Know Thyself: An IFS Approach
By Farhan Ahmed
Long before the Oracle pointed Neo to the words above her doorway, numerous teachers, sages and mystics have uttered different versions of the same maxim - "Know Thyself". Although historians credit the Greek philosopher Heraclitus (~ 500BC) with the first written record of the saying, there are various articulations of the same aphorism which date back even further. For example, in shamanic wisdom traditions, some of which find their roots 5000-6000 years ago, there is great emphasis on acquiring deep self-knowledge before assuming the role of a shaman. Similarly, Buddhist teachings dating back to around 2500 BC centre around meditative practices that equip one to delve into one's inner universe. Closer to present day, the Hadith quotes Prophet Muhammad saying "whosoever knows himself knows his lord", highlighting the importance of self-knowledge for communion with the divine. Meanwhile, in the bible, when Jesus Christ asks his followers to "know the kingdom of heaven within you", it could be interpreted as a call to know one's inner being, where the "kingdom of heaven" ultimately lies. For Bengalis, this wisdom can be found within the teachings and songs of the mystic poet Fakir Lalon. Many of Lalon's songs allude to the wisdom of self-discovery. This song, in particular, spells it out directly in its lyrics:
ও যার আপন খবর আপনার হয় না
[O Jar apon khobor, Aponar Hoy Na]
For the one, who gets no tidings of oneself,
একবার আপনারে চিনতে পারলে রে।
[Ekbar aponare chinte parle re.]
To know himself one day,
যাবে অচেনারে চেনা, যাবে অচেনারে চেনা।।
[Jabey ochena re chena.]
Is like getting to know a stranger.
The wisdom conveyed here by Lalon, echoing the teaching "Know Thyself", has transcended all cultures and ages. However, one may still wonder, what does it actually mean to "know thyself"? How does one go about realizing this teaching in life? Where and when to begin such an endeavor?
In contemplating these questions, one may identify two distinct approaches to the project of "know(ing) thyself", that stand at opposite extremes of a spectrum. On one side, knowing oneself could be defined as identifying and enumerating the numerous specifics of one's egoic identity. One may claim with utmost confidence "I know myself!" and proceed to catalogue a list of likes, dislikes, preferences and pet peeves, anything from preferred ice-cream to taste in music to political ideologies to one's desires and ambitions.
On the other end, perhaps more in line with what the ancient sages meant to say, the task can be brought down to recognizing that the various aspects of the egoic identity that one tends to associate with a subjective sense of self, are actually illusions; that the true nature of one's being is that of an infinite, boundless, objective, radiant consciousness.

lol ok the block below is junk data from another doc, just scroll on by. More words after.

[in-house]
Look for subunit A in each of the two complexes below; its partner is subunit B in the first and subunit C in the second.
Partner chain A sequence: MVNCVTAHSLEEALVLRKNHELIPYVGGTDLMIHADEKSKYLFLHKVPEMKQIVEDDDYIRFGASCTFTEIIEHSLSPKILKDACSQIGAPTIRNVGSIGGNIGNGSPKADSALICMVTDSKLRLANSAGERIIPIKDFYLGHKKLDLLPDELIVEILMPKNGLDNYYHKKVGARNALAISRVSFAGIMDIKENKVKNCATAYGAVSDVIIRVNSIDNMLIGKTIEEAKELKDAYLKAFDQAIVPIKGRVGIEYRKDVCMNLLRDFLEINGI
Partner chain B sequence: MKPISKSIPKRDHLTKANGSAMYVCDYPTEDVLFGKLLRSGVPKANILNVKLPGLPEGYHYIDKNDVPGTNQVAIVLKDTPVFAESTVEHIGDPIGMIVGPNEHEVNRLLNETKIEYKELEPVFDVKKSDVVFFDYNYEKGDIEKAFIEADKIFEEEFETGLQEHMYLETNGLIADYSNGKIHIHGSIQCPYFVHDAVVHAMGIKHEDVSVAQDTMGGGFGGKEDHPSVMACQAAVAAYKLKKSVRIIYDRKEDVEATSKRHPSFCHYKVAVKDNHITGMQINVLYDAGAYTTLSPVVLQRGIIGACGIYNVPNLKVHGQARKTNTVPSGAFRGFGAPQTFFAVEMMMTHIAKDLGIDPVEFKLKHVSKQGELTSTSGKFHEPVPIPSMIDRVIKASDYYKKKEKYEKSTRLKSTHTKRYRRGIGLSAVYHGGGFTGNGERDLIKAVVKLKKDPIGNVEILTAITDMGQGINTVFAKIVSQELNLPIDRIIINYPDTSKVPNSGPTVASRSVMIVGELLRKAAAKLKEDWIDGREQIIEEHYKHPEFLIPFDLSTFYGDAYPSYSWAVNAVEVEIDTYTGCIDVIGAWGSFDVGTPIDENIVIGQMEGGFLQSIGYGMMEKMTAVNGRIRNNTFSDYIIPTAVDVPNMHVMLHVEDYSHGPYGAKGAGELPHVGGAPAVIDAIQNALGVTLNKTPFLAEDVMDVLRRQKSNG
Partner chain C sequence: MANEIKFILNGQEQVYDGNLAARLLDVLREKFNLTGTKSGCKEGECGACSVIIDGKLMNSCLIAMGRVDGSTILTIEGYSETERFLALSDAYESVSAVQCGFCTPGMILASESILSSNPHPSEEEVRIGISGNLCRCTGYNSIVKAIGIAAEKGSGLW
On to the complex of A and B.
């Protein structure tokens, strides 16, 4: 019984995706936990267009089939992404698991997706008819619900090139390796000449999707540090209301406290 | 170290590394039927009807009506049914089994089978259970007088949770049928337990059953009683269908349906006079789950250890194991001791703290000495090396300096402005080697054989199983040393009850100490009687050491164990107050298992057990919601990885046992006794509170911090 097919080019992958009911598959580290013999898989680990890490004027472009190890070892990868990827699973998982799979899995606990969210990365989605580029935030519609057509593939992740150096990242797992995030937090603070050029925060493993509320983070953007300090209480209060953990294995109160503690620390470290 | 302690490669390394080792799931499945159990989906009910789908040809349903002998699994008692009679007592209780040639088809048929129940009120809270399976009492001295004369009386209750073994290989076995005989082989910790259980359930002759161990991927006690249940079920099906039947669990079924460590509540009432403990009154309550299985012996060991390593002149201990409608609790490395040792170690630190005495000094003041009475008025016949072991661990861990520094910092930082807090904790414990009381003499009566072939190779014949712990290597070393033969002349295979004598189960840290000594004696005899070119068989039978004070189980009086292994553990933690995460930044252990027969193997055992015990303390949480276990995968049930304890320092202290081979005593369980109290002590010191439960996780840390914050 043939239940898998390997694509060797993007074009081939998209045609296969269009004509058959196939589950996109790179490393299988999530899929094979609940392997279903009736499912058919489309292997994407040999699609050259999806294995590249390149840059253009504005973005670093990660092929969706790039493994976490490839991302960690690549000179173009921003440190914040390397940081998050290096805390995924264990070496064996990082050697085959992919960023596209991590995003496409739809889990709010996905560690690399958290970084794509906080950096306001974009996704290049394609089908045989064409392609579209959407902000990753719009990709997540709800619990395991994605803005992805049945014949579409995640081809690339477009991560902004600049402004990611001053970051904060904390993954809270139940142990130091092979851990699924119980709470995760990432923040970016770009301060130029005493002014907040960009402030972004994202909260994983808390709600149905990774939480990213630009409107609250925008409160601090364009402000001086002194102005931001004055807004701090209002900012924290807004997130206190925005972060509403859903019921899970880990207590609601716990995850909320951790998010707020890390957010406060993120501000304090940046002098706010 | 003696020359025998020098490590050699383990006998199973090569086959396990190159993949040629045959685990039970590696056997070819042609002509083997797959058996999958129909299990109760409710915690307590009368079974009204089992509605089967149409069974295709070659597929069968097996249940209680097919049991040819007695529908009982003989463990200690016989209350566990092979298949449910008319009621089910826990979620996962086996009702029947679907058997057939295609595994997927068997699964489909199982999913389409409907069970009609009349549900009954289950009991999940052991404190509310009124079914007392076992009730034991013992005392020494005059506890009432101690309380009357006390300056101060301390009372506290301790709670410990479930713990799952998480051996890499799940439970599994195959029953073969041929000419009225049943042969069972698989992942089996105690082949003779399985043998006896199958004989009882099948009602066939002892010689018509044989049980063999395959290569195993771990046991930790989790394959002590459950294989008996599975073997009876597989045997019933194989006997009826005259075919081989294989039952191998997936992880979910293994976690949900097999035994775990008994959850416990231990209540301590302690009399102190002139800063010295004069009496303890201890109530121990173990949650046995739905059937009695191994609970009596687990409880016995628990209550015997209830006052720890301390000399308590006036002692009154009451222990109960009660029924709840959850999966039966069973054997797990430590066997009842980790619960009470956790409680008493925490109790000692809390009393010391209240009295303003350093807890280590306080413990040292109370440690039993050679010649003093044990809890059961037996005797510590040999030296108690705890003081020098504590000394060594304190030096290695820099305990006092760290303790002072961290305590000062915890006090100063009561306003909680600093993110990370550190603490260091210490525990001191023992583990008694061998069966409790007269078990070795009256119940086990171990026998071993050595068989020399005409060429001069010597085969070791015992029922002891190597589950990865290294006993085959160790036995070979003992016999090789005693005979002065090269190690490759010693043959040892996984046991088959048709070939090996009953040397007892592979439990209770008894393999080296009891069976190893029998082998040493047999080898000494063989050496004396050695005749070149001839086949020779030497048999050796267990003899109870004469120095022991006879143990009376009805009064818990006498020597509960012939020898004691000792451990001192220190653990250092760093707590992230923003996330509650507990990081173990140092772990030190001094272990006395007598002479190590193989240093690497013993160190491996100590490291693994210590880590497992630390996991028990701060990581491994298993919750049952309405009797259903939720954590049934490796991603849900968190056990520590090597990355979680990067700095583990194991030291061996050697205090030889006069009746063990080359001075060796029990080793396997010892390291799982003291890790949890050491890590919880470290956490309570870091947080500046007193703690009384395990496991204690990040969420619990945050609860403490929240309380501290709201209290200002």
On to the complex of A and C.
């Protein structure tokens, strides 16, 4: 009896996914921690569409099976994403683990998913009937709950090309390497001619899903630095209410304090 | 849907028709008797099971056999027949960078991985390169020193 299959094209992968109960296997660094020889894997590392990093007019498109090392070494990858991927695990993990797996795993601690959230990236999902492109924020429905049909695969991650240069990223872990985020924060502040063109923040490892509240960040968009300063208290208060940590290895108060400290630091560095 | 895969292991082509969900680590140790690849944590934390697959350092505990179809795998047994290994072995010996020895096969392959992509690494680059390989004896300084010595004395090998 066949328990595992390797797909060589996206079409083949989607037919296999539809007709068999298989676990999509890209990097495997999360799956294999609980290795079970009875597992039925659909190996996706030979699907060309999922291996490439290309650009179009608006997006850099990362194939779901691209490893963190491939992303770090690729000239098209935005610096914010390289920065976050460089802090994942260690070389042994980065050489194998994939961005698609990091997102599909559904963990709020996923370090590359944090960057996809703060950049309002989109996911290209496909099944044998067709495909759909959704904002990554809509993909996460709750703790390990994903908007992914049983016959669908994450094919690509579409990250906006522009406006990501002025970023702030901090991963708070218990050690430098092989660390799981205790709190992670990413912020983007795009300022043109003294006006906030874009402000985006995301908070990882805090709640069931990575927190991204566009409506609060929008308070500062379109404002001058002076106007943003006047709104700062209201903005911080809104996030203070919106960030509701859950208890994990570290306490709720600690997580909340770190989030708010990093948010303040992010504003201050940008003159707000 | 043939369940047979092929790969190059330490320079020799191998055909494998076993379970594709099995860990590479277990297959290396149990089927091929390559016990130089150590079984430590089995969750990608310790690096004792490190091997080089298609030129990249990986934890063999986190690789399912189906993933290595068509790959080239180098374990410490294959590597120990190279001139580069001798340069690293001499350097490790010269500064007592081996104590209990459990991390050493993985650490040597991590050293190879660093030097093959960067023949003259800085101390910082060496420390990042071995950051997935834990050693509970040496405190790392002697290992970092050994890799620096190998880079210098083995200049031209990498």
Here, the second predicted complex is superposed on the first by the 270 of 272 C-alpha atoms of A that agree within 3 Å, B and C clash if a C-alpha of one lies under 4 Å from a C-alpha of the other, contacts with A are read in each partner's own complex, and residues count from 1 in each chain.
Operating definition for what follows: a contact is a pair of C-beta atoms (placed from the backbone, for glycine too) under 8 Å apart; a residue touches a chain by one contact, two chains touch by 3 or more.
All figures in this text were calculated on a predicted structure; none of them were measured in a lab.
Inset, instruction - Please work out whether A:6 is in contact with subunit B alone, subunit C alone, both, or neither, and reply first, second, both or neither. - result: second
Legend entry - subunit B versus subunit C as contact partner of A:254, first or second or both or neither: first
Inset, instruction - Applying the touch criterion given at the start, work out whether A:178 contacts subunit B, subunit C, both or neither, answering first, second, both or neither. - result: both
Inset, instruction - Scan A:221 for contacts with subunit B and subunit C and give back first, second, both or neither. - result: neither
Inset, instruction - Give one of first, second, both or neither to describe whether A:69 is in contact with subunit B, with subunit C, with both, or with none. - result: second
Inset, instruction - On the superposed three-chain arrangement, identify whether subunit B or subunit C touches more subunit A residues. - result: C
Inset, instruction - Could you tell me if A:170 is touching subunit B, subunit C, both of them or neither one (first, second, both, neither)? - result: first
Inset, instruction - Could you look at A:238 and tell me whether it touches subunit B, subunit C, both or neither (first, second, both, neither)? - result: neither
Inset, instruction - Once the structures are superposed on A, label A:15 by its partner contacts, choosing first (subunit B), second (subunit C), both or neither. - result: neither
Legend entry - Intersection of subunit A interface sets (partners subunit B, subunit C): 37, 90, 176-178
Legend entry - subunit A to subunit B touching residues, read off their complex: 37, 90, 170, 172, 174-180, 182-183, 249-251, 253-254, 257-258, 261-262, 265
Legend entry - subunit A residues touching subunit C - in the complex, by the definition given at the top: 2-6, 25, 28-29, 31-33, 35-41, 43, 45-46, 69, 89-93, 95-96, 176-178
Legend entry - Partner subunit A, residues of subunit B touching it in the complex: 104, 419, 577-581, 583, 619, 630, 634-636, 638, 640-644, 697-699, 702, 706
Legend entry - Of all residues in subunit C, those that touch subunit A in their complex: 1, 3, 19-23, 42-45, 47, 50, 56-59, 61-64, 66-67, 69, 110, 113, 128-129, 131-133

Both these extreme positions, however, have their drawbacks. The former, although easy to do, is superficial, lacking epistemic depth. It is akin to knowing yourself by your egoic garb alone; slightly more illuminating than your annual Spotify Wrap-up or Amazon shopping history. Meanwhile, the latter position, while true, is impossible to realize outside the bounds of a monastic life, as it entails sacrificing all semblance of an identify at the altar of infinity. As Ram Dass said, “The game is not about becoming somebody, it's about becoming nobody.” Yet, becoming nobody is a monumental and isolating commitment to make, especially in a world where everyone is trying to become somebody.
As a middle-ground between these two extremes, Internal Family Systems (IFS) therapy offers a framework to operationalize the task of "know(ing) thyself", that is both deep and feasible. IFS "conceives every human being as a system of protective and wounded inner parts lead by a core Self". Parts can be seen as being similar to one's egoic masks, having likes, dislikes, preferences, dreams, desires and specific behaviors. Yet, unlike knowing oneself as the masks alone, understanding parts provides much deeper self-knowledge in relation to one's memories, life experiences and past traumas.
Meanwhile, the concept of the Self is also similar to Ram Dass's idea of "nobody". The Self is able to detach from parts, see past their illusions and stand outside the egoic masks. Yet, despite this position as an objective witness, the Self is not entirely boundless or without characteristics. As described within the IFS model, the Self possesses particular traits that are encapsulated by the 8 Cs - Curiosity, Compassion, Clarity, Connectedness, Creativity, Courage, Confidence and Calm.
In this way, the IFS model finds fertile common ground between the two polarized approaches to self-discovery. In doing so, it incorporates the most useful aspects of both, to derive a balanced syncretic framework. A path to "know thyself" at a deep level that is accessible to anyone, without the need to fully embrace a spiritual or monastic life.